US. District Judge Michelle Childs instructed lawyers to consider a diverse team to lead about 20 lawsuits against Blackbaud. Five weeks later, she followed through.

What has been hailed as one of the most diverse leadership teams to lead a multidistrict litigation docket, a group of eight women and four men, including lawyers of color, will pilot class actions brought over a data breach involving cloud management software firm Blackbaud.

The appointment order (// did not come from just any judge. U.S. District Judge J. Michelle Childs is a 2010 appointee of President Barack Obama to the South Carolina bench. U.S. Rep. James Clyburn, D-South Carolina, recently floated Childs’ name ( as one to be considered as a top pick for the U.S. Supreme Court. If a vacancy is created and she is selected, Childs would be the first Black woman to serve on the high court. That would fulfill a campaign pledge of President Joe Biden.

In a Jan. 8 order, Childs instructed lawyers to consider a diverse team to lead about 20 lawsuits against Blackbaud, which is headquartered in Charleston, South Carolina.
“The court also seeks to develop the future generation of diverse MDL leadership by providing competent candidates with opportunities for substantive participation now,” she wrote.

Five weeks later, on Feb. 16, she followed through.

The team includes four co-lead counsel. Amy Keller (, of Chicago’s DiCello Levitt Gutzler, is a veteran MDL lawyer, having served as co-lead counsel in multidistrict litigation over three other data breaches, involving Equifax, Marriott and American Medical Collection Agency. She and Melissa Emert, of Kantrowitz, Goldhamer & Graifman in Chestnut Ridge, New York, who was appointed to the Blackbaud plaintiffs’ steering committee, had the most appointments in MDLs of any woman attorney from 2016 to 2019 (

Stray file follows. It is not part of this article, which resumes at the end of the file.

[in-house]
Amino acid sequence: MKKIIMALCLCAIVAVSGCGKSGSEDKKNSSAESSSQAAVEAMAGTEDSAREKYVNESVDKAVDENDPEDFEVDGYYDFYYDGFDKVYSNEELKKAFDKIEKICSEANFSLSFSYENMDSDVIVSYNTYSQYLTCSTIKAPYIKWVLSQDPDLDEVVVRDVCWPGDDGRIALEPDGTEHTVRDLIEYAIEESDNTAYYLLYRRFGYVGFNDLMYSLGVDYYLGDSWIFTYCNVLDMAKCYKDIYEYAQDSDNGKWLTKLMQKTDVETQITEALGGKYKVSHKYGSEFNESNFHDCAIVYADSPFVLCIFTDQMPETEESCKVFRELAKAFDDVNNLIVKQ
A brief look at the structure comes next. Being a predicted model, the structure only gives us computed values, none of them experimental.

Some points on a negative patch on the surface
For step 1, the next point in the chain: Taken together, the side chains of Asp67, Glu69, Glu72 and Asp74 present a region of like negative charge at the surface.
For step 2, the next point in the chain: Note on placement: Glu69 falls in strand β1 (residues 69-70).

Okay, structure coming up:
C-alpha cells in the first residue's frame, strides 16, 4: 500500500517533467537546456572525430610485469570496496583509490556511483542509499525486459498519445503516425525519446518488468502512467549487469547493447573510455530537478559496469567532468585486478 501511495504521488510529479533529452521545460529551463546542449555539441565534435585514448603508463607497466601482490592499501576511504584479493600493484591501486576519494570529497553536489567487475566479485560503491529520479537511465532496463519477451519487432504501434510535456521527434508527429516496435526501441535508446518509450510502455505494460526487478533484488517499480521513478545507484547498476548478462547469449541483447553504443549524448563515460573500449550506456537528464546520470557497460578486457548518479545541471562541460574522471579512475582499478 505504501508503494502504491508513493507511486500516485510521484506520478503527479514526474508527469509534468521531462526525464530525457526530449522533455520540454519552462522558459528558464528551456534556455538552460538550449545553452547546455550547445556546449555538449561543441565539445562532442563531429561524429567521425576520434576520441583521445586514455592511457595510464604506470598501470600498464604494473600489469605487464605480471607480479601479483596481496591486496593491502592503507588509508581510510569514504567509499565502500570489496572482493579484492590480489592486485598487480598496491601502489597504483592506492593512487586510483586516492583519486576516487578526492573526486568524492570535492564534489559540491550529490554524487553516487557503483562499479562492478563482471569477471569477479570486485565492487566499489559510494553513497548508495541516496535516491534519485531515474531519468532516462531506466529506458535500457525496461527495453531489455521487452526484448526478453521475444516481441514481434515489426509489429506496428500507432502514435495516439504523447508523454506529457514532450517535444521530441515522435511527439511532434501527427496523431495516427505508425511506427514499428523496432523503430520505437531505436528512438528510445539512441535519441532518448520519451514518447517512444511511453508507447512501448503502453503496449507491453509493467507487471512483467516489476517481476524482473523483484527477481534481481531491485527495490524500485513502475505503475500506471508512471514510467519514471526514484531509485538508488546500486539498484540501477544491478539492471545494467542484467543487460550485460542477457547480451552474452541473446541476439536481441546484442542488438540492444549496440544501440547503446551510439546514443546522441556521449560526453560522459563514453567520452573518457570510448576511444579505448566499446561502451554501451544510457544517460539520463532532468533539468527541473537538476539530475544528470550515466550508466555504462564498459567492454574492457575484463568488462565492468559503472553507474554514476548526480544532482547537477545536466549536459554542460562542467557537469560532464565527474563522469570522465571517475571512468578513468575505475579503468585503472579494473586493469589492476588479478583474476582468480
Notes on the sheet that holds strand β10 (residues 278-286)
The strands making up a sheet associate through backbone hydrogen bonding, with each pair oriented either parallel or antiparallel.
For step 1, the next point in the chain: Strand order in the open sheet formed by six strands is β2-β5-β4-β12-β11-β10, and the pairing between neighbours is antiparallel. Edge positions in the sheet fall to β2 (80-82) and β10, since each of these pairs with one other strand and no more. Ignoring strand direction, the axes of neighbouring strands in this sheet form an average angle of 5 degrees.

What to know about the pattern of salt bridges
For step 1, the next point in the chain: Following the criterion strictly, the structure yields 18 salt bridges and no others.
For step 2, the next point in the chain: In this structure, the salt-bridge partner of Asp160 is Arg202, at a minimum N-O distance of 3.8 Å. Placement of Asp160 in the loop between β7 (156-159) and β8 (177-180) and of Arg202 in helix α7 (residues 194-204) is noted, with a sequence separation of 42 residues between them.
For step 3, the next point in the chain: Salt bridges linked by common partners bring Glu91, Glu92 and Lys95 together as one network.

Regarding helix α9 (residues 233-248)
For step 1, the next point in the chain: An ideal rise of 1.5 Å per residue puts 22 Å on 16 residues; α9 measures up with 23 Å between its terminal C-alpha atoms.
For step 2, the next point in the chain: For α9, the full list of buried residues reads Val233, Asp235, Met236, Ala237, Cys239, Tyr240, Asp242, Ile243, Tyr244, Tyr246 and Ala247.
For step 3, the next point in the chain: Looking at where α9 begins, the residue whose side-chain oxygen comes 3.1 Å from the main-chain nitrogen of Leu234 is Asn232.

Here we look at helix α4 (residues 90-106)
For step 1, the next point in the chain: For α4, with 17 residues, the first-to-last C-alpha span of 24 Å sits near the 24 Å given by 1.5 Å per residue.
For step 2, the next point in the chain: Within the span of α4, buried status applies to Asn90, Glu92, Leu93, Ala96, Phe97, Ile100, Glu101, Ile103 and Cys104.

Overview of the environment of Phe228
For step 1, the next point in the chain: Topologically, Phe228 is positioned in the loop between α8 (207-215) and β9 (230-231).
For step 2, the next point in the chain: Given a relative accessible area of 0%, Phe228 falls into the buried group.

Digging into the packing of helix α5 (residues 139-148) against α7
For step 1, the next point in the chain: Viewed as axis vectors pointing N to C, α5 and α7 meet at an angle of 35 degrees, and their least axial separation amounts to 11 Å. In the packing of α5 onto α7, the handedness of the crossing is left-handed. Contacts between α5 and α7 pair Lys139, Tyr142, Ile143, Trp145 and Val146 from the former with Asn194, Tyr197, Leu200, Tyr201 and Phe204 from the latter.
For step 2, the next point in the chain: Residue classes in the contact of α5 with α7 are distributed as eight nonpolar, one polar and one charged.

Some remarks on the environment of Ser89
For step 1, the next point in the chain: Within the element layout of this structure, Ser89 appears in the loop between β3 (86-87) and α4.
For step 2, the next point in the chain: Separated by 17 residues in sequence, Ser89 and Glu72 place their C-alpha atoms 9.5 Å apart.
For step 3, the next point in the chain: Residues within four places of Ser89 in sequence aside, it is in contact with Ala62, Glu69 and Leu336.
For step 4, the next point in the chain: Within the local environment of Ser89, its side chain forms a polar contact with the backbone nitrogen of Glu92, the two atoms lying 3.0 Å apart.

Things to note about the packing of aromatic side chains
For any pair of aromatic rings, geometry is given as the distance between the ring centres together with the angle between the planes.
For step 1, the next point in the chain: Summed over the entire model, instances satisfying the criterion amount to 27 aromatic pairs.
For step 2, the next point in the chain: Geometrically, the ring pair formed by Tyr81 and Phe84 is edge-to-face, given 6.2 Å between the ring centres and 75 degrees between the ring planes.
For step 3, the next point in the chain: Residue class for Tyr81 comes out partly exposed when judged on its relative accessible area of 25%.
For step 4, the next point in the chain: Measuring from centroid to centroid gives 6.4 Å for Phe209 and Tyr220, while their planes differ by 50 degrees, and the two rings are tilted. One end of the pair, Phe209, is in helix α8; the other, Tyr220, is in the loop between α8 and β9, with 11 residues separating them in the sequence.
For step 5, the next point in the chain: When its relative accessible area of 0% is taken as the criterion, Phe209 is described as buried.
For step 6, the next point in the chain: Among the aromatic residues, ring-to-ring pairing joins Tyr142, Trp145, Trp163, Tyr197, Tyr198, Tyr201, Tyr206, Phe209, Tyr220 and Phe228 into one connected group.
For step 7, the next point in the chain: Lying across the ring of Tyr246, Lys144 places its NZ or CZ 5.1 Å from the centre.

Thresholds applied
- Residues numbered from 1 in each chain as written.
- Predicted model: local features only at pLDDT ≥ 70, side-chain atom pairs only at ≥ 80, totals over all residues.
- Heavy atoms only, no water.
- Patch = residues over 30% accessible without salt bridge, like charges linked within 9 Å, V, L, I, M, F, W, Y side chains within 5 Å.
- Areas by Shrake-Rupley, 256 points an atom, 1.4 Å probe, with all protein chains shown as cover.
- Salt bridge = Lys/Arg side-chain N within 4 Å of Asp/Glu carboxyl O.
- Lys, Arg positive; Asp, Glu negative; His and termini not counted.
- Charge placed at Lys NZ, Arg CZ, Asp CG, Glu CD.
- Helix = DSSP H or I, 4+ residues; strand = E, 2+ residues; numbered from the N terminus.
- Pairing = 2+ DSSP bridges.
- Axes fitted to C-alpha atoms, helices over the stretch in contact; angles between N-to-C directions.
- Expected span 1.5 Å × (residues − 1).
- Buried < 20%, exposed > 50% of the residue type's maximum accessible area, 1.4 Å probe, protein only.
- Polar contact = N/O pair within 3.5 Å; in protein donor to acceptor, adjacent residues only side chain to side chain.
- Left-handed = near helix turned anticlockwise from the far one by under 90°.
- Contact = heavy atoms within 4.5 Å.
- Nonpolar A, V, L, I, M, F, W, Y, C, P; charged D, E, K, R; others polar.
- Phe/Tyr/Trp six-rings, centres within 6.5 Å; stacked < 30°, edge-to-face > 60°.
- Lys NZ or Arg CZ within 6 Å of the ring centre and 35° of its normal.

It is the first appointment for Krysta Pachman
(, of Susman Godfrey in Los Angeles, and Marlon Kimpson (, of Motley Rice, a Democratic state senator in South Carolina, who has worked on other mass torts with name partner Joe Rice ( It’s the first co-lead counsel role for Harper Segui (, a partner in Raleigh, North Carolina, at Whitfeld Bryson, now known as Milberg Coleman Bryson Phillips Grossman. The plaintiffs’ steering committee also includes a lawyer from Pittsburgh’s Lynch Carpenter.

Pachman, speaking for the leadership team, said in an email: “Not only did Judge Childs note her conscious effort to avoid implicit bias and not overlook candidates based on race, color, gender, sexual orientation, age or geography, but she also indicated in her case management order that she expected counsel to perform their duties in a way that is free of discrimination and bias, including choosing a diverse slate of vendors.

“She selected what is arguably the most diverse leadership team ever in an MDL to the benefit of the class.”

In the lawsuits, Blackbaud is accused of failing to adequately respond to hackers whose activities exposed its clients and their customers to exposure of personal data. Blackbaud has said, according to media reports, that it combatted and curtailed the threat from the hack.

On Dec. 15, the U.S. Judicial Panel on Multidistrict Litigation sent the Blackbaud lawsuits to Childs, who has handled one prior MDL.

In assembling the leadership team, Childs appointed lawyers from two competing proposed slates, then added three attorneys who applied individually. She appointed Frank Ulmer, of McCulley McCluer in Charleston, as liaison counsel. In addition to Emert, the plaintiffs’ steering committee is: Gretchen Cappio, of Seattle’s Keller Rohrback; Desiree Cummings of Robbins Geller Rudman & Dowd in New York; Kelly Iverson of Lynch Carpenter; Howard Longman of Stull, Stull & Brody in New York; Douglas McNamara, of Washington, D.C.’s Cohen Milstein Sellers & Toll; and Melissa Weiner, of Pearson, Simon & Warshaw in Minneapolis.